Pan troglodytes

KINGDOM: Animalia (Animals)

PHYLUM: Chordata (Possessing a notochord)

CLASS: Mammalia (Mammals)

ORDER: Primates

FAMILY: Homonidae (Great Apes)

SUB-FAMILY: Homininae (Hominids)

GENUS: Pan (Chimpanzees and bonobos)

SPECIES: Pan troglodytes (Chimpanzees)

Distribution

Chimpanzees are endemic to West and Central Africa.

Chimpanzees are a tailless member of the great apes family. They typically have coarse black hair that covers their whole body, except for their faces, ears, fingers, palms, toes, and soles, which are bare. They have opposable thumbs that can grip things tightly and will also use tools.

Chimps live in various habitats, including: dry savannahs, evergreen forests, swamp forests, dry woodland-savannah mosaics, and grasslands. They are quadrupedal (walk on all fours), but will sometimes walk erect. They spend most of their day foraging on the ground, while sleeping in nests that they construct in trees.

Chimpanzees are highly specialised frugivores (fruit-eaters) and will seek out fruit, even when it’s scarce. They will supplement this with stem, buds, bark, pith, seeds, insects and eggs. Chimps are also known to hunt larger vertebrates on occasion, including red colobus monkeys, bush pigs, yellow baboons, blue duikers, warthogs and bushbuck.

Chimps are highly social animals and typically live in groups (called troops) ranging from 20-150 individuals. Groups can consist of all-male, adult females and offspring, both sexes, or one female and her offspring. These groups will split up into smaller groups for travelling. Chimpanzees are polygynandrous (males and females will both have several mates).

Social relationships are extremely complex and can range from neutral to friendly to enemies depending on the individual chimps concerned. Males are dominant over females and also have a dominance hierarcy amongst themselves. Males generally stay in their natal group, while females will leave and roam.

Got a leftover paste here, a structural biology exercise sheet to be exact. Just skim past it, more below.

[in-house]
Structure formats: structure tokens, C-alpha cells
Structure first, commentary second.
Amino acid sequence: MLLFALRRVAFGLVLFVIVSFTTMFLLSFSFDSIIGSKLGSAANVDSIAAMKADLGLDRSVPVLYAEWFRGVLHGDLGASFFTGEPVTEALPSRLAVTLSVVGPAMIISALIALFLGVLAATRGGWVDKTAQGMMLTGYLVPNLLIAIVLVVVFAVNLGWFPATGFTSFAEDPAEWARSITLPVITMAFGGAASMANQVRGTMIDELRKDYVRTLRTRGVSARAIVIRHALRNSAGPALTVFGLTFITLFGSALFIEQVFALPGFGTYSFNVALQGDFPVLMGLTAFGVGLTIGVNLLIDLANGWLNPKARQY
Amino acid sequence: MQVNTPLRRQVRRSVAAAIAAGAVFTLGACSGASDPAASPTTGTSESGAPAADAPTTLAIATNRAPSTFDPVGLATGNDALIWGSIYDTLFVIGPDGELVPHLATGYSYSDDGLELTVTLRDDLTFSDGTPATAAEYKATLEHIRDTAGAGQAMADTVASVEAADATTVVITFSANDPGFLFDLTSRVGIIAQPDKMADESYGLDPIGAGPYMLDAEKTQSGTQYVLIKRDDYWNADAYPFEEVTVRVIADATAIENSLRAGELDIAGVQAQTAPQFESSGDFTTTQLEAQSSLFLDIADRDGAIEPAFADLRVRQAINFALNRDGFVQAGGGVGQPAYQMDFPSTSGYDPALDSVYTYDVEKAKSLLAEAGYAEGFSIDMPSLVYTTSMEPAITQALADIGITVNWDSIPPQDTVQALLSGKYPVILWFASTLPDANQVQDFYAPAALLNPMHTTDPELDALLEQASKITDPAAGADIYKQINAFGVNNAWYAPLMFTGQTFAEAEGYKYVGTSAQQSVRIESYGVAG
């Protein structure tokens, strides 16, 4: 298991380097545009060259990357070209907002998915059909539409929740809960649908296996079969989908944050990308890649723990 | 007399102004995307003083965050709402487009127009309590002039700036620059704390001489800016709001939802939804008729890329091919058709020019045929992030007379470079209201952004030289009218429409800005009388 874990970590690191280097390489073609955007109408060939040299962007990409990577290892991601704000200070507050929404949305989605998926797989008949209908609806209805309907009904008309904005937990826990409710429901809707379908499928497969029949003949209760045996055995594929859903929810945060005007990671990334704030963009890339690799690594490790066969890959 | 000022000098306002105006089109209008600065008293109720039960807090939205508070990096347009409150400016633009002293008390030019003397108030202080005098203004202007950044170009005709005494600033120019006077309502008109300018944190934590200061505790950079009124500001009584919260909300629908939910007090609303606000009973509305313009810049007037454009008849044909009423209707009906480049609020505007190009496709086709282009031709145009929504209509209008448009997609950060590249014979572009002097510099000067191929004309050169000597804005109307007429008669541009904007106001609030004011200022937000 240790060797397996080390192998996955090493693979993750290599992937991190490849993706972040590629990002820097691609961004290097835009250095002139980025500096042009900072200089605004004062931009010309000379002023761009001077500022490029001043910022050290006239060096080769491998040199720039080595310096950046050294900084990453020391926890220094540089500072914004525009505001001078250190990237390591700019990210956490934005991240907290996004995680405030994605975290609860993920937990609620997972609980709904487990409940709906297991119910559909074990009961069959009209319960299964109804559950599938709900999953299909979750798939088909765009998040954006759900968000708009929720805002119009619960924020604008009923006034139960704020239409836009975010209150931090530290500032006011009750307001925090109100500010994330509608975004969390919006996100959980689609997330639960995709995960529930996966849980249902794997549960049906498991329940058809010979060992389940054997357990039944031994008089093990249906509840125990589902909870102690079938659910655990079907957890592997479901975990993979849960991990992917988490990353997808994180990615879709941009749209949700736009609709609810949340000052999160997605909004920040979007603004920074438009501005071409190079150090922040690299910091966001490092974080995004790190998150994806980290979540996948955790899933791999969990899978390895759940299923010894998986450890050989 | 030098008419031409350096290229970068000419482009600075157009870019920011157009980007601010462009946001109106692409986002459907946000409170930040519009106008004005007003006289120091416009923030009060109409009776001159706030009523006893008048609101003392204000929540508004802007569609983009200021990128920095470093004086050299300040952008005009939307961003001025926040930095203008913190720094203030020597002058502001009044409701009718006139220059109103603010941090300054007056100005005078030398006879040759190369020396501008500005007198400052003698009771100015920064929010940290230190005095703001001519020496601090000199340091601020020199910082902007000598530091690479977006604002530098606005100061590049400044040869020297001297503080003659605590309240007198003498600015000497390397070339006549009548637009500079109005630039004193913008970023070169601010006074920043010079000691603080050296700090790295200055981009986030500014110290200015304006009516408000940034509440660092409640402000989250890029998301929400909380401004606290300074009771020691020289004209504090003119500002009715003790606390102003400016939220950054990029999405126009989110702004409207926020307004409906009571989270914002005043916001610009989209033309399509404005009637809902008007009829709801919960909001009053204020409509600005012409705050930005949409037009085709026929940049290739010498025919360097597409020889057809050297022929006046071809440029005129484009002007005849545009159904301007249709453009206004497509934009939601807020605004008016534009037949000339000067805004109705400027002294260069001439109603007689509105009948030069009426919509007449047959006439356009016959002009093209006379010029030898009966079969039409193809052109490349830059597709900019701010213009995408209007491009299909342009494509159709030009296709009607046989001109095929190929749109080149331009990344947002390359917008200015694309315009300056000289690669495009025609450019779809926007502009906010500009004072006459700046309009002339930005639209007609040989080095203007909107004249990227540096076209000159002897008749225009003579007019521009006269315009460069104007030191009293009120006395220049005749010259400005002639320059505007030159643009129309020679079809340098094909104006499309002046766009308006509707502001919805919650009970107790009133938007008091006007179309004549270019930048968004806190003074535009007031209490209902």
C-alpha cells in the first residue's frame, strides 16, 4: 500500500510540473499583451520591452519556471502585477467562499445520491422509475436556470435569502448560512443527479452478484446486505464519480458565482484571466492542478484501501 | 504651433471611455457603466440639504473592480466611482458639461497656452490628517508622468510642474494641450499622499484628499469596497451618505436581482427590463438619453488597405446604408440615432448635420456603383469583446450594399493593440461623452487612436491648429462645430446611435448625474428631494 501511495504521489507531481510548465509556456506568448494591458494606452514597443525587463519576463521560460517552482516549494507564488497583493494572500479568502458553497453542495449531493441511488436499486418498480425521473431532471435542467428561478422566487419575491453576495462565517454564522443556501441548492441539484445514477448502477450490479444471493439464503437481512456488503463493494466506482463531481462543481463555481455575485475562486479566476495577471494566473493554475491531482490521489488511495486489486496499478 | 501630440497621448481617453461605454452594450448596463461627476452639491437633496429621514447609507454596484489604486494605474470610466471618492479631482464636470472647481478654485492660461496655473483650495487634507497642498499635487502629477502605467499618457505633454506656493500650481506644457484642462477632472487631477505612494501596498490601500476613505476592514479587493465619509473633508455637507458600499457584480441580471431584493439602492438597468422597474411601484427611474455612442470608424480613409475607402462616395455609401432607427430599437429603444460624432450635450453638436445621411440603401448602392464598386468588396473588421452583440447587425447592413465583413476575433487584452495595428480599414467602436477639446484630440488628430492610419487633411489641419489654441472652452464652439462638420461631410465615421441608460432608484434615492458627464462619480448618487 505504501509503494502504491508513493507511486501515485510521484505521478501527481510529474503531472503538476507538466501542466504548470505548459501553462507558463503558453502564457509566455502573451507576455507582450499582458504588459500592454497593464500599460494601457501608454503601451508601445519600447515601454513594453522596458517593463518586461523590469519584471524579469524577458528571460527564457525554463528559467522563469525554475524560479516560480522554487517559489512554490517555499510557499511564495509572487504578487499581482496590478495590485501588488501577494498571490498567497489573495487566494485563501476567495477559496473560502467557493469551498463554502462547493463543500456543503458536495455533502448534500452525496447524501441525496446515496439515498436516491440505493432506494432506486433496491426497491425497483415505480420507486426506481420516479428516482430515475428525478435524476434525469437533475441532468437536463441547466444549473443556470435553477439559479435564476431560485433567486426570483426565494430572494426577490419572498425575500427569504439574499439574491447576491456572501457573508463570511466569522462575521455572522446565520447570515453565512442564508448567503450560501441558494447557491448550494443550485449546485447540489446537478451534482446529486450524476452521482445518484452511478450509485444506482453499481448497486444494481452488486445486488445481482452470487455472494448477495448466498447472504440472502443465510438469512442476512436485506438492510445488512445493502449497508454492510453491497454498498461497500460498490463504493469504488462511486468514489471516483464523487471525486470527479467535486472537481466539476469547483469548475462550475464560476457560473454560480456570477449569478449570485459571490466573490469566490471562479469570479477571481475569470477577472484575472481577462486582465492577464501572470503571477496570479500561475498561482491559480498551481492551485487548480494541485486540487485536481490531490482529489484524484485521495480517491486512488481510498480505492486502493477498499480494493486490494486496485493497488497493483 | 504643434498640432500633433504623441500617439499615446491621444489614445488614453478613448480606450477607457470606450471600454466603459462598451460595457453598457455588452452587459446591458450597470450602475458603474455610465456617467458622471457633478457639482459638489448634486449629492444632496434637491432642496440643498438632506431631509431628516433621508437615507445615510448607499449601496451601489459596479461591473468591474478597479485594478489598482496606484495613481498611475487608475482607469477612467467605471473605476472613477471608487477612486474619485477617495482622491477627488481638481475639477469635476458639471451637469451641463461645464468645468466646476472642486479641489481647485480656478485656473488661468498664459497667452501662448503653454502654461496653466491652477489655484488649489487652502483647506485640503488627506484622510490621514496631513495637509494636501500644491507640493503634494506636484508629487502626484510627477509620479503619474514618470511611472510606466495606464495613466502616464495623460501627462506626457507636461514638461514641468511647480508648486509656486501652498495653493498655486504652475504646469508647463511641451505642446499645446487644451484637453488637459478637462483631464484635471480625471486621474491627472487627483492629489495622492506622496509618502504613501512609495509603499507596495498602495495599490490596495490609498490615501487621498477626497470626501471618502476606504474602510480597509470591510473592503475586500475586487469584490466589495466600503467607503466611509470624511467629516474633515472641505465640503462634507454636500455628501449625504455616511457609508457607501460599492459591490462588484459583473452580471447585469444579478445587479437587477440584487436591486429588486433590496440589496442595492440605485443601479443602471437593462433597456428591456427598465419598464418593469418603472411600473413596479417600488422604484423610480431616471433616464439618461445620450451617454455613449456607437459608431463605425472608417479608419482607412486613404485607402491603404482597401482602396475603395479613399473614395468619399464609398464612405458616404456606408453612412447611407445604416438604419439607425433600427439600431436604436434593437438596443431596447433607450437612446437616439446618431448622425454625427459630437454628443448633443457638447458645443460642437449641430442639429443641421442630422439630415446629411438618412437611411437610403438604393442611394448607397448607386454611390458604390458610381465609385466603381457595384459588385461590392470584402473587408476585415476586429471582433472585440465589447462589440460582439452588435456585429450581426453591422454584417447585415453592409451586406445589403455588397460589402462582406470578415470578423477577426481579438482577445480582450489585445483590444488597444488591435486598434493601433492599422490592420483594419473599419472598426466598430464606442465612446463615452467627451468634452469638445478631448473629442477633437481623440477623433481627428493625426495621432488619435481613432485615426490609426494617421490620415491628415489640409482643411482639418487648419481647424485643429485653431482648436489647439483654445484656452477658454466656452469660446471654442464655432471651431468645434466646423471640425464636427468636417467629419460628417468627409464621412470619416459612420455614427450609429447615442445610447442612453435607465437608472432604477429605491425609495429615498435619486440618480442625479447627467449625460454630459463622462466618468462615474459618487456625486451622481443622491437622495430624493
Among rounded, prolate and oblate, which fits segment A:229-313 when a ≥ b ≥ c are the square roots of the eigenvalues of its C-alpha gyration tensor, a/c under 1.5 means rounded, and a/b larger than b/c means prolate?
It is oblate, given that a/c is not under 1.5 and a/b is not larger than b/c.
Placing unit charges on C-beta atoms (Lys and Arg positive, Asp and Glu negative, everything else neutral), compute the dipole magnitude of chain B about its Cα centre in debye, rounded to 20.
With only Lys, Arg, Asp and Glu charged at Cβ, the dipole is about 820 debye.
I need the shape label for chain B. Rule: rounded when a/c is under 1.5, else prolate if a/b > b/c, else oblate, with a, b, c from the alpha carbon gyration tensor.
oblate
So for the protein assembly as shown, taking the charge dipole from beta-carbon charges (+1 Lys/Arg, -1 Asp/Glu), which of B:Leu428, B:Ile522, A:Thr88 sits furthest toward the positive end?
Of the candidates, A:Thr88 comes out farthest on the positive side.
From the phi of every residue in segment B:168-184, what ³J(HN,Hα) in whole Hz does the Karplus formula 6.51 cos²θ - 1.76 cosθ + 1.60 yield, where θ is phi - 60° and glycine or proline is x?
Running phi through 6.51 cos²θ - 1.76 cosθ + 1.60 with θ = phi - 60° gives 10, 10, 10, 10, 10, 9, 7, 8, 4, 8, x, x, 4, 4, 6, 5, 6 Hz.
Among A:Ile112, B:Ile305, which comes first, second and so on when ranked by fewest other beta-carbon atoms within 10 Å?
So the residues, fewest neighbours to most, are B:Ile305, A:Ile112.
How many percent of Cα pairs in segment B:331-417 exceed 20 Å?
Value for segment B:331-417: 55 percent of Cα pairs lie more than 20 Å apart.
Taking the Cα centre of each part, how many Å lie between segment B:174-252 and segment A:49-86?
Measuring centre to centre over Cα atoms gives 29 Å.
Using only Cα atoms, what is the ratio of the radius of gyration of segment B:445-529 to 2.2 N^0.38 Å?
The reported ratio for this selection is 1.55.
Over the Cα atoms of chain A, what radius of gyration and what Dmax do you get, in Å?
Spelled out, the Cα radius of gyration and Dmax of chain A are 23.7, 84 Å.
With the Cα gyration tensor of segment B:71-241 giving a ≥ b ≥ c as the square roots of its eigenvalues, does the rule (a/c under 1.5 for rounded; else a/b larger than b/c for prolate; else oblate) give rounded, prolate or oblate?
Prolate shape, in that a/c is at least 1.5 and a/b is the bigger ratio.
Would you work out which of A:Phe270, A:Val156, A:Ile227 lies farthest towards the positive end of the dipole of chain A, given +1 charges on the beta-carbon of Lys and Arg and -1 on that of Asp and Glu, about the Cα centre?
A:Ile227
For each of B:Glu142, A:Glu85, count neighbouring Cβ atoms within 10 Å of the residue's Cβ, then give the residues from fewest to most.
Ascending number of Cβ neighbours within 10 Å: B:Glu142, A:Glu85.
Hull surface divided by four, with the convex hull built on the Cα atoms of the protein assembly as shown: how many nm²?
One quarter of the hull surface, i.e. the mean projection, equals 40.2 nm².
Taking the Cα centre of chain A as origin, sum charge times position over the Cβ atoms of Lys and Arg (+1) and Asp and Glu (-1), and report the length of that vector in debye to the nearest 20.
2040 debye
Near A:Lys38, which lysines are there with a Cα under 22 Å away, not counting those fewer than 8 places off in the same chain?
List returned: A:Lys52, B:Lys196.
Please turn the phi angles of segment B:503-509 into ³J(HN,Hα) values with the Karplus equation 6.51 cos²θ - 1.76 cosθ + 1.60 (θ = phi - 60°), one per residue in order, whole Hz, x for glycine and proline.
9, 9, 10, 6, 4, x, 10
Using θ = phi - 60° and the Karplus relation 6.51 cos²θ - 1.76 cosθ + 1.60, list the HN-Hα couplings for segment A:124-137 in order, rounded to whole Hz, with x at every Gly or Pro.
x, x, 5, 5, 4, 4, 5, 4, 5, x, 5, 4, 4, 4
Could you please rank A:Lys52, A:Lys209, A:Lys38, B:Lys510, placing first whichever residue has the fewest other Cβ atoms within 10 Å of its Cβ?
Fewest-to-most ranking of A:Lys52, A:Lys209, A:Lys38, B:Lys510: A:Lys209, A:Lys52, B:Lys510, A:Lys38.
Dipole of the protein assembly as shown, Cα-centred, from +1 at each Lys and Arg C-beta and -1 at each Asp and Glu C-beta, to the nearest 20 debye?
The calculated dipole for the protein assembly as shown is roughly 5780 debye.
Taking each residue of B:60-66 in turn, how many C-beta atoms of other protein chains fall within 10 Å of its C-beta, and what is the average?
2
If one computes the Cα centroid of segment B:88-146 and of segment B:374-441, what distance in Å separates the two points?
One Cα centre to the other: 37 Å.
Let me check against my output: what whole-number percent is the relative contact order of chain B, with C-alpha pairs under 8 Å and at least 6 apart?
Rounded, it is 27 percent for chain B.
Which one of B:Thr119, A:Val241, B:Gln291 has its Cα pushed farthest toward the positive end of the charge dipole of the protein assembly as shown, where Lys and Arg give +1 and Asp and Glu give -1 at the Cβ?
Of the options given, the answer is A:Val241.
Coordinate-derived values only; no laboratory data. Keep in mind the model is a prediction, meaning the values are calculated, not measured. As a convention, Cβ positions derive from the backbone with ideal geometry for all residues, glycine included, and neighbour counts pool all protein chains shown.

They will use various methods of communication and are quite noisy animals. Oral (sound) communication includes grunts, calls, screams and even drumming on hollow tree trunks. Chimps futhermore communicate through a variety of gestures, postures and facial expressions. Touch is also a very important method of communcation in chimpanzee society. They groom each other extensively and also exhibit behaviours such as holding hands and kissing when they meet. Interestingly, chimpanzees are very interested in smells, but the degree to which they use smell as a communcation device is unknown.

Chimpanzees are not strictly territorial. Instead, groups occupy a home range of about 5-560 square km, which males and females use differently.

They can be considered polygynandrous as both males and females will mate with multiple partners. Females usually give birth to a single offspring after a gestation period of 8 months. After the baby is born, it will cling to its mother’s breast, and can only sit up at approximately 5 months. It will still be suckled and sleep with its mother until it’s about 3 years old. Chimps only become independent from their parents at about 6 years of age. Females become sexually mature at 10-13 years and males at 12-15 years. Chimpanzees can reach a life span of 60 years old!

Chimps are preyed on by Leopards and humans.

The threats faced by chimpanzees include humans hunting them for food, deforestation, and human diseases. Chimps are closely related to humans and diseases such as ebola and HIV also affect them.

Did you know?

  • Males hunt more than females
  • They walk on the soles of their feet and their knuckles
  • Chimpanzees use large sticks and branches as clubs or throw them at enemies like leopards and humans.
  • They have excellent mental maps of their home ranges and use these to locate food resources repeatedly

DID YOU KNOW?

Elephant seal

Elephant Seals can hold their breath for up TWO HOURS! But how? Well, seals have more blood in their bodies than any other animal and, since oxygen is stored and carried around the body in blood, it allows them to hold their breath for an extra long time.